Thursday, June 25, 2015

Supreme Court Rule 6-3 in Favor of Federal Subsidies

Today’s Supreme Court ruling favoring federal subsidies assures ObamaCare survival until the 2016 election and beyond. The decision is a political victory for the Obama administration and a defeat for Republicans who sought to gut the law or repealed.

What does the ruling mean?

It means the Court has now ruled twice, the first time in 2012, that ObamaCare is constitutional.

It means liberals will be pleased and conservatives displeased with the decision.

It means hospitals will be pleased because some of the uninsured hospital expenses will now be paid.

It means institutional federal laws giving a legal right to health care - Medicare (1965) Medicaid (1965), Emergency Medical Treatment and Active Labor Act (EMTALA 1986) Children’s Health Insurance Program (CHIP1997), and Patient Protection and Affordable Care Act (ACA2010) – will continue to consume more federal dollars.

It means federal entitlement programs will continue go grow, as they have over the last 50 years.

It means that the 6.7 million Americans on federal subsidies will continue to receive $3,312 per recipient per annum or $222 billion in all. More people will be subsidized to consume health care at middle class taxpayer expense.

It means hospitals, which heretofore had to absorb costs of the insured who could not afford care, will have a new source of federal revenues.

It means less uncertainty for health plans, who feared a death spiral and other disruptive effects if the Court had ruled against federal subsidies
It means those unpopular individual and employer mandates will remain in place.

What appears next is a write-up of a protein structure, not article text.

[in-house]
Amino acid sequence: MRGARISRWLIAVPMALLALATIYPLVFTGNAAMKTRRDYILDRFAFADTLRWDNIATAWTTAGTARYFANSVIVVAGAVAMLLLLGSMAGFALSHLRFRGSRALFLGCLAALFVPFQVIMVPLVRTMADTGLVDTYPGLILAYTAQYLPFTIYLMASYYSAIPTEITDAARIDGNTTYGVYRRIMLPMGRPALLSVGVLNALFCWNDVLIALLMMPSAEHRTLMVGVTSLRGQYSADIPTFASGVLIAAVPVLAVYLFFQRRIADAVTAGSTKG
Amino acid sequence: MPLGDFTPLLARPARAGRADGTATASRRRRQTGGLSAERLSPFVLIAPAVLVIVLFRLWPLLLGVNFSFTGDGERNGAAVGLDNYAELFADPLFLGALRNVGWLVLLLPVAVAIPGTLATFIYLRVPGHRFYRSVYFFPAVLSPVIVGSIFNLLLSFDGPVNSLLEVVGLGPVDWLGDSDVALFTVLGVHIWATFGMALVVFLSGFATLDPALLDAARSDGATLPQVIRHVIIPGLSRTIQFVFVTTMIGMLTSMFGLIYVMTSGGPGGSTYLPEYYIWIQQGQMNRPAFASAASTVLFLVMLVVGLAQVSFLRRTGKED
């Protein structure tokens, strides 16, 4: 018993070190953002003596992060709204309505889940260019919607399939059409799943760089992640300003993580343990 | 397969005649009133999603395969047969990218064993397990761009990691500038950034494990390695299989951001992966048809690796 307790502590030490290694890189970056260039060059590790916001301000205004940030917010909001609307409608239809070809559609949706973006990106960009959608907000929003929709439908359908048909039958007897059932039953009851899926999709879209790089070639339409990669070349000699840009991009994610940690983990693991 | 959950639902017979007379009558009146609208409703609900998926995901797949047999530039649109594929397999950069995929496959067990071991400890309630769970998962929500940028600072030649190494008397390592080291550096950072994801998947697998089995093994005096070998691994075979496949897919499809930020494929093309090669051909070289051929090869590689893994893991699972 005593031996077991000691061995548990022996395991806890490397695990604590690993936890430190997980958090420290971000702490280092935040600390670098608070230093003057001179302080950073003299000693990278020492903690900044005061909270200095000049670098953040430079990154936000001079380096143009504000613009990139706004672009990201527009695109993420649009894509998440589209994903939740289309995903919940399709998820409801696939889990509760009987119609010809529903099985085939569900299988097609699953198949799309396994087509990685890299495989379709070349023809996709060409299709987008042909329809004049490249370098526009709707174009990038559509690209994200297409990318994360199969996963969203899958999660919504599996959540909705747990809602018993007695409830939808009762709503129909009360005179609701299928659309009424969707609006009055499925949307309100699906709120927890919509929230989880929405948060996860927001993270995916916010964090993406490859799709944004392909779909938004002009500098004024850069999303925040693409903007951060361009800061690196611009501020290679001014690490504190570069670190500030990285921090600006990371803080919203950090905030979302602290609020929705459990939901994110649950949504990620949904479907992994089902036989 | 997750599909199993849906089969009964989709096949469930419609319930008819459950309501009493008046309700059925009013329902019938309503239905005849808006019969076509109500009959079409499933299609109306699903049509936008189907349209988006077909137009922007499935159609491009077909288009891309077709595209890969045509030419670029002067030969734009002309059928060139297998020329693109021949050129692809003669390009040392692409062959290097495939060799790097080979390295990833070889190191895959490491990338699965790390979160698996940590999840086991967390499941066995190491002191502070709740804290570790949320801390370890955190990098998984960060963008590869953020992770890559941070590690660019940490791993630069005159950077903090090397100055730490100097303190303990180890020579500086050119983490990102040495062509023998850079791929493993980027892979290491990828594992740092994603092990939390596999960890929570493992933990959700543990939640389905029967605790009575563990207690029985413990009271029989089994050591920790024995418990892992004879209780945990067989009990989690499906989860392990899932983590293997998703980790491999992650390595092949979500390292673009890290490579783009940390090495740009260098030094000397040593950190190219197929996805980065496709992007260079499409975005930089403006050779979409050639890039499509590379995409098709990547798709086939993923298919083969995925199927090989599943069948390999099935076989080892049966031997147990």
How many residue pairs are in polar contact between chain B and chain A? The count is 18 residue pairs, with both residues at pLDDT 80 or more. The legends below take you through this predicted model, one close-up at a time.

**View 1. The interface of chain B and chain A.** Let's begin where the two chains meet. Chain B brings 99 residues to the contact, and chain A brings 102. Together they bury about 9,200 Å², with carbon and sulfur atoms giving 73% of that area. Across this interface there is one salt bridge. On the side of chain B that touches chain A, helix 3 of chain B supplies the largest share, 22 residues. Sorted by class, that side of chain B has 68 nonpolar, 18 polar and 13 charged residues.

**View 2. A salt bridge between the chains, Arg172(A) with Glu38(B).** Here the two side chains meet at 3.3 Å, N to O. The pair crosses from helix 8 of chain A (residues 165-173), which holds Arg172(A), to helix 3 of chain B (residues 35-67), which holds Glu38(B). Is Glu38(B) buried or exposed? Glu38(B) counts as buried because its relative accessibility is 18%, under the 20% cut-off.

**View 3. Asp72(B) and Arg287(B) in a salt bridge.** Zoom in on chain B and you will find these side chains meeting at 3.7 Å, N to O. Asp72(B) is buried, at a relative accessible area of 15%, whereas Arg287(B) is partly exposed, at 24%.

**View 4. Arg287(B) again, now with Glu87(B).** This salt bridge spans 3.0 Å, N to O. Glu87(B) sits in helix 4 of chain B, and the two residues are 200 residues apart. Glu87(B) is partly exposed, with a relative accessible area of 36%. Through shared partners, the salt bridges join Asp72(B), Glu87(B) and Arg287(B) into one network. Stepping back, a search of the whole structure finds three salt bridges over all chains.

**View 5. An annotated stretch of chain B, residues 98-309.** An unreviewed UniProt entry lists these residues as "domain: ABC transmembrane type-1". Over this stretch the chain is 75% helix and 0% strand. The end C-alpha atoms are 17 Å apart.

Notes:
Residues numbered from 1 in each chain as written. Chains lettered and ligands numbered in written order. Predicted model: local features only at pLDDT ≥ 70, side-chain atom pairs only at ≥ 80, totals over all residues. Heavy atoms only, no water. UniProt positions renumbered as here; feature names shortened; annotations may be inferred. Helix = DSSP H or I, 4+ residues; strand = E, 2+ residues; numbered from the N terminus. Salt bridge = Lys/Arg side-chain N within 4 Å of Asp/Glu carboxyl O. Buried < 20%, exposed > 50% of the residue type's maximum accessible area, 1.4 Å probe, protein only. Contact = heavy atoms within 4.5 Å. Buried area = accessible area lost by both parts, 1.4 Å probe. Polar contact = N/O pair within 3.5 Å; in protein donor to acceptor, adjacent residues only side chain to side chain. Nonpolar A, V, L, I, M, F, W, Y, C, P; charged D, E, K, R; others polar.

What the ruling not mean?

It does not mean the controversy over the law has ended. It will continue through the 2016 elections.

It does not mean that the law is working as intended. Yes, it reduced the number of uninsured by 16 to 17 million out of 50 million. Yes, it helped 6.7 million uninsured and low income people below 4 times the poverty rate, less than 3% of the population.

But it may not help the middle class, who in 2016, are projected to see their health premiums, deductibles, co-pays, and out of pocket costs soar by 10% to 30% and who may see their plans cancelled and their doctors and hospitals declared out-of-network.

And it does not mean America’s uninsured will jump on the health exchange bandwagon. According to a survey sponsored by the Robert Wood Johnson Foundation, 38% of insured get their medical care by paying out of pocket, 28% us fee-low-cost clinics, 26% go without care, 20% buy discount medications, 14% use the ER, 9% negotiate their bills down, and 4% go to another country for care.

The largest group of people who remain uninsured, 45% of them, forego coverage by choice, even though the law guarantees them they can get coverage on their own or through a job.

Many of the uninsured are confident they can get their care cheaper and manage it better without health insurance: 56% on doctor visits, 53% on prescription drugs, 52% on checkups, 48% on emergency care, and 42% on preventive tests or screening. Many Americans, in short, are getting their care the old-fashioned way – cash, barter, or charity. They believe they can get a better deal without insurance. They prefer to pay ObamaCare’s penalty mandates rather than enroll in Obama Care sponsored and approved health plans

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